Review: Slip of the Tongue by Jessica Hawkins (Slip of the Tongue #1)

Slip of the Tongue is one of those books that I feel myself torn over. The basic story line--married woman feels her marriage with the love of her life on unsure footing finds herself drawn to another man--was one that I liked because it delves into forbidden, albeit not all that uncommon, facets of love and lust. Cheating isn't a no-go for me and I've read my fair share of books and stories, both fictional and non-fictional, and have seen many a television show and film that tackle the subject or make it a vital aspect of the story. With cheating, though, I want to be able to feel that there's something more than one character getting an itch that he or she needs scratched outside of their marriage. There has to be a reason for them to feel that need--that desire--to break their marital vows. In the case of Sadie Hunt, her self-justification for having an affair with her new neighbor, Finn Cohen, was flimsy at best and put her marriage with Nathan at risk.

Sadie and Nathan Hunt have always loved each other. Theirs was the kind of marriage that everyone else around them envied and it looked like it was one that many aspired to have. But Nathan has become cold and distant, so unlike the warm and loving man Sadie has always known him to be. She doesn't understand what could have caused him to change. She finds solace in Finn Cohen, their new neighbor and a man who doesn't seem to have any problem providing whatever it is Sadie is currently missing in her relationship with her husband. But Finn has his own complications and Sadie still wants to know why Nathan appears to want to be anywhere other than by her side and in their home. Finn has reawakened the passion within her that's been dormant for the two months Nathan has treated her with coolness and disdain, but Nathan has always had her heart. Sadie has to figure out what she wants before three lives and hearts are broken.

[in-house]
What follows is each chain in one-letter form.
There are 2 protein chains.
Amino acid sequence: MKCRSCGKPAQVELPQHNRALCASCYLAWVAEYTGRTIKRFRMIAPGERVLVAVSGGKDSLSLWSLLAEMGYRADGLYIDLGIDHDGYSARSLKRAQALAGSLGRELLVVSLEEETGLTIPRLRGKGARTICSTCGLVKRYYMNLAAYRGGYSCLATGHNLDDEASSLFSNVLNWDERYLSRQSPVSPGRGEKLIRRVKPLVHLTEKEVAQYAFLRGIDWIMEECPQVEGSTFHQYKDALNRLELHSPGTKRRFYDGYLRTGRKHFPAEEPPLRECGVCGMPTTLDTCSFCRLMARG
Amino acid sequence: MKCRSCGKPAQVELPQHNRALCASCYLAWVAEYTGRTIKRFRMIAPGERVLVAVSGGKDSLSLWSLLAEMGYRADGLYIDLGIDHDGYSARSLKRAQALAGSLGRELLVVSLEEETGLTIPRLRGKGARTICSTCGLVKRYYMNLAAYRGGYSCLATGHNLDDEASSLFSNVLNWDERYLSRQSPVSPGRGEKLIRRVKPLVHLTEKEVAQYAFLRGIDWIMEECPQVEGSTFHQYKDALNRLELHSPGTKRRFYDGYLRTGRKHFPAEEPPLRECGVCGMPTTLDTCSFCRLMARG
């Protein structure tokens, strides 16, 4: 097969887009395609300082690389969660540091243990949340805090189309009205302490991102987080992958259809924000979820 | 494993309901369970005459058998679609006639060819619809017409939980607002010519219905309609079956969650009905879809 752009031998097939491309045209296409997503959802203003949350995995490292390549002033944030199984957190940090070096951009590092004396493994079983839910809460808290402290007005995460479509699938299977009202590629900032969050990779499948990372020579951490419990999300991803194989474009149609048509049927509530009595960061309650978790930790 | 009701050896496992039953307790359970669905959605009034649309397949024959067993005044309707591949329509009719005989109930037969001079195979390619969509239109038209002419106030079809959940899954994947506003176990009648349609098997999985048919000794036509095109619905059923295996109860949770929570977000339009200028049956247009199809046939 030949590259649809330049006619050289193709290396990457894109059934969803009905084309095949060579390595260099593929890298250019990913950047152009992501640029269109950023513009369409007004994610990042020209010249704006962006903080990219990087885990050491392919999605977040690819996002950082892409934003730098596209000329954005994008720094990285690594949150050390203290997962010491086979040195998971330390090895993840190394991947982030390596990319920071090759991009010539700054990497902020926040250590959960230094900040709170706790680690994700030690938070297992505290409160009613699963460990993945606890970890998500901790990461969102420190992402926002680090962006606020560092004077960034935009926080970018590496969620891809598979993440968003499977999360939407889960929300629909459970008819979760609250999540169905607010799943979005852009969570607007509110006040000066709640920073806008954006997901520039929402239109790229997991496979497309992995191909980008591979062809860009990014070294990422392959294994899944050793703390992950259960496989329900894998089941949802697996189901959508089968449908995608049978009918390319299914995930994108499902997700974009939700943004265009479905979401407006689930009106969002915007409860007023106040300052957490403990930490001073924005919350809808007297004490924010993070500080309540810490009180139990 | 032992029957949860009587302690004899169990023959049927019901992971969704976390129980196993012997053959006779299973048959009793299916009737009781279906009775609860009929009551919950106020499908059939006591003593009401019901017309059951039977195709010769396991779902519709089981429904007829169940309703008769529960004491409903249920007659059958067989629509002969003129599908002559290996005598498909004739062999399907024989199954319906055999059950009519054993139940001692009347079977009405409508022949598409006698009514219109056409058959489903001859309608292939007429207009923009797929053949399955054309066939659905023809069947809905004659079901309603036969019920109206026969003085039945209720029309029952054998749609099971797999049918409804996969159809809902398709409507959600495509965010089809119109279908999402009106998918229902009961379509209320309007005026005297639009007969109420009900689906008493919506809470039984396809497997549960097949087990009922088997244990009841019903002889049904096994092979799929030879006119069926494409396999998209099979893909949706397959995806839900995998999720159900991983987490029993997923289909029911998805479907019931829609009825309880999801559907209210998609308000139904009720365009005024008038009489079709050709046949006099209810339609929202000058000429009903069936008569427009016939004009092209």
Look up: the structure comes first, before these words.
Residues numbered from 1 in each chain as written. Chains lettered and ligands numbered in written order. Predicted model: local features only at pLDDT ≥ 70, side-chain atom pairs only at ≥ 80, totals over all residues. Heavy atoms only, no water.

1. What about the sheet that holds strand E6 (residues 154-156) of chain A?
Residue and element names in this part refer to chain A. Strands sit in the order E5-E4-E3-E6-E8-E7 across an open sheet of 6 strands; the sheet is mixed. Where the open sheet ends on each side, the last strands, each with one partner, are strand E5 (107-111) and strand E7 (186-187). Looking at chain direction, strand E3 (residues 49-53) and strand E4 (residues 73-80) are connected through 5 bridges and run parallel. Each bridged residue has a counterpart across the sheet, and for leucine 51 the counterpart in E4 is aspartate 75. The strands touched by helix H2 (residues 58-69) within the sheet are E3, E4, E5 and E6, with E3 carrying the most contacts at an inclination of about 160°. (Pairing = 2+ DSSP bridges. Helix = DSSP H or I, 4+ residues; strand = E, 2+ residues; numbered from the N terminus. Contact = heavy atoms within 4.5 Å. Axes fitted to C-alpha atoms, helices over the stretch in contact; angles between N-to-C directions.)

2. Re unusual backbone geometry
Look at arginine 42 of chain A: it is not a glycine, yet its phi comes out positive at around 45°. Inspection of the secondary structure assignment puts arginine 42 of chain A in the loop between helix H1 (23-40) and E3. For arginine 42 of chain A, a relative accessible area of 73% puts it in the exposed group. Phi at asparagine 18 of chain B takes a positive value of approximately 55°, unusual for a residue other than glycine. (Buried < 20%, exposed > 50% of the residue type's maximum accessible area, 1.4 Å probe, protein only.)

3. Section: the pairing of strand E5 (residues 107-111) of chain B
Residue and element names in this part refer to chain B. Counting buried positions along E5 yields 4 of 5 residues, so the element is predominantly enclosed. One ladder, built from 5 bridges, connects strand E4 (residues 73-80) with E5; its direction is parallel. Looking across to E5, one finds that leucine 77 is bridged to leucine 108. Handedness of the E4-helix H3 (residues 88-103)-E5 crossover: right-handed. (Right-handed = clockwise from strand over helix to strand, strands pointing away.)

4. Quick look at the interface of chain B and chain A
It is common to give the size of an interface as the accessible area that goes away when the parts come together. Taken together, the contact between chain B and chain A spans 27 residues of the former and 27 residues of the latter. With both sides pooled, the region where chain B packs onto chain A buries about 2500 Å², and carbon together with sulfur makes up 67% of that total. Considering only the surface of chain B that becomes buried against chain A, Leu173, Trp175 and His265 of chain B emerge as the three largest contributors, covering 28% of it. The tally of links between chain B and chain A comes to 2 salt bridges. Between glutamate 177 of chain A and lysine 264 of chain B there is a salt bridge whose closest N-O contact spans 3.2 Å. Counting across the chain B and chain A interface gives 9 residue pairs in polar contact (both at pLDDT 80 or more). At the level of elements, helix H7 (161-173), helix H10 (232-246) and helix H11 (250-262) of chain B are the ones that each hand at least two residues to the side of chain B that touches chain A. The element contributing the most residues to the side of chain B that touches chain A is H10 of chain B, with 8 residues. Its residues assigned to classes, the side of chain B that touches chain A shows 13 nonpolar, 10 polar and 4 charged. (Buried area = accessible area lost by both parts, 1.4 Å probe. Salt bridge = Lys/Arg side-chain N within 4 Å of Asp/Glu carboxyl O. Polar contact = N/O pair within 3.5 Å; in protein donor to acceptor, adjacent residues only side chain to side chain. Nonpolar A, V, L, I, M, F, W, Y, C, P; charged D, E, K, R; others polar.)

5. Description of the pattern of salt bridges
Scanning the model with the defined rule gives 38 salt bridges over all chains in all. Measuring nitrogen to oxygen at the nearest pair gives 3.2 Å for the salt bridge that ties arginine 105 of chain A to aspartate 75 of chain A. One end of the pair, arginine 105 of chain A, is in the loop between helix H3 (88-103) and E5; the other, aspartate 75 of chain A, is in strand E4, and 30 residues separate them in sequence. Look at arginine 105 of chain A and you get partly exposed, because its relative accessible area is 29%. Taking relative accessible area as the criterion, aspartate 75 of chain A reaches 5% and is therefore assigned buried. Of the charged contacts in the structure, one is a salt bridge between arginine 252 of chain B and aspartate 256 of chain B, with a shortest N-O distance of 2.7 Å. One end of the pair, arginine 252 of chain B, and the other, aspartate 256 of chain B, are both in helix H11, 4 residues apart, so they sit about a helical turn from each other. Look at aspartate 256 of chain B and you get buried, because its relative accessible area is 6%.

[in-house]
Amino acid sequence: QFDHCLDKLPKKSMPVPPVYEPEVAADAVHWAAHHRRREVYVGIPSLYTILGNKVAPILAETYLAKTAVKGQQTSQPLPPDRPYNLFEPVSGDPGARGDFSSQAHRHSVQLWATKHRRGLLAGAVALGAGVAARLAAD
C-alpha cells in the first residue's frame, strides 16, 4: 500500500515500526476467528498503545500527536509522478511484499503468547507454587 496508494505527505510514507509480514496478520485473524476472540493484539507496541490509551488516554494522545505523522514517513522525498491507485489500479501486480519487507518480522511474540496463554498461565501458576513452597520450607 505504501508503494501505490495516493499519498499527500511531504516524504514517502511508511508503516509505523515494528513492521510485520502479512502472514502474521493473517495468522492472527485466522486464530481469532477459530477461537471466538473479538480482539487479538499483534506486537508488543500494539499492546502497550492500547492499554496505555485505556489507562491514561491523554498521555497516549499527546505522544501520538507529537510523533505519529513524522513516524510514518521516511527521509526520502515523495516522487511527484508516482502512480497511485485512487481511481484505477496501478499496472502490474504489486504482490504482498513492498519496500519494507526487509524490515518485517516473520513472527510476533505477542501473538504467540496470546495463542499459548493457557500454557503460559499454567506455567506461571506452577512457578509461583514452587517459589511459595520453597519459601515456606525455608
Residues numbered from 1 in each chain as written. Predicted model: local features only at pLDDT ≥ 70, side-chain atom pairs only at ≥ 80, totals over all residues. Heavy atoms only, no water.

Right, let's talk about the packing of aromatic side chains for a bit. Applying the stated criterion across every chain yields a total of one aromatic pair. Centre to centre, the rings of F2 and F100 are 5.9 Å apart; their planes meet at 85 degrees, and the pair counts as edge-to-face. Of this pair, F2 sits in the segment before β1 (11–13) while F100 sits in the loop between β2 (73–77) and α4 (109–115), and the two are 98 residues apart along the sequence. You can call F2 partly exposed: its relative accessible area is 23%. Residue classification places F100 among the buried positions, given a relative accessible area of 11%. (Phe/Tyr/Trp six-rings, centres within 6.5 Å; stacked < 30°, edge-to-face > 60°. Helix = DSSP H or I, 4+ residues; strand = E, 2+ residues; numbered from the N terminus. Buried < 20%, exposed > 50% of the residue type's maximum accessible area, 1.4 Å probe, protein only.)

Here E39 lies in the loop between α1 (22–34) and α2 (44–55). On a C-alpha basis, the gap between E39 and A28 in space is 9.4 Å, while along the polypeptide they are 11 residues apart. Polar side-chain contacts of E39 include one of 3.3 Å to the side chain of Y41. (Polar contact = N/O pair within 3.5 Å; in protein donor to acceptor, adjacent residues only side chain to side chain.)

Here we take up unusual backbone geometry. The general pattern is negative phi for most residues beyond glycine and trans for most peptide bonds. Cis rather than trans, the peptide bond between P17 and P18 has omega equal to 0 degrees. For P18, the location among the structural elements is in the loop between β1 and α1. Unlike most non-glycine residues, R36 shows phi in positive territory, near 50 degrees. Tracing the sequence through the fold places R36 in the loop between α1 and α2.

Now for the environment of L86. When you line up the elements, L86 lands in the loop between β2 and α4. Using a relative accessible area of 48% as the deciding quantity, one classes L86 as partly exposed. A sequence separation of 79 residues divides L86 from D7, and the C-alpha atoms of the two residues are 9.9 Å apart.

It's difficult for me to become fully invested in a novel when I can't stand the main character and I'm sorry but I couldn't stand Sadie. The fact that she had both Nathan and Finn in love with her leaves a bit flabbergasted because the woman was a self-centered, spoiled, immature bitch. Like I mentioned earlier, her reason for cheating was shaky. She and Nathan were far from poor, so why not seek counselling? Heck, why not actually talk to your husband and ask him what the hell is wrong? Sadie is supposed to be an intelligent, successful woman. Seriously? It's not as if Nathan was some abusive, domineering husband that made her fear for her life. I liked Nathan and Finn. Why couldn't they have ended up together instead? If I had to look at each part of this book and my dislike for Sadie far apart from the rest, Slip of the Tongue was actually good. But I have to take everything into account, so I have to give this three stars. ♥

Date Read: 09 August 2016

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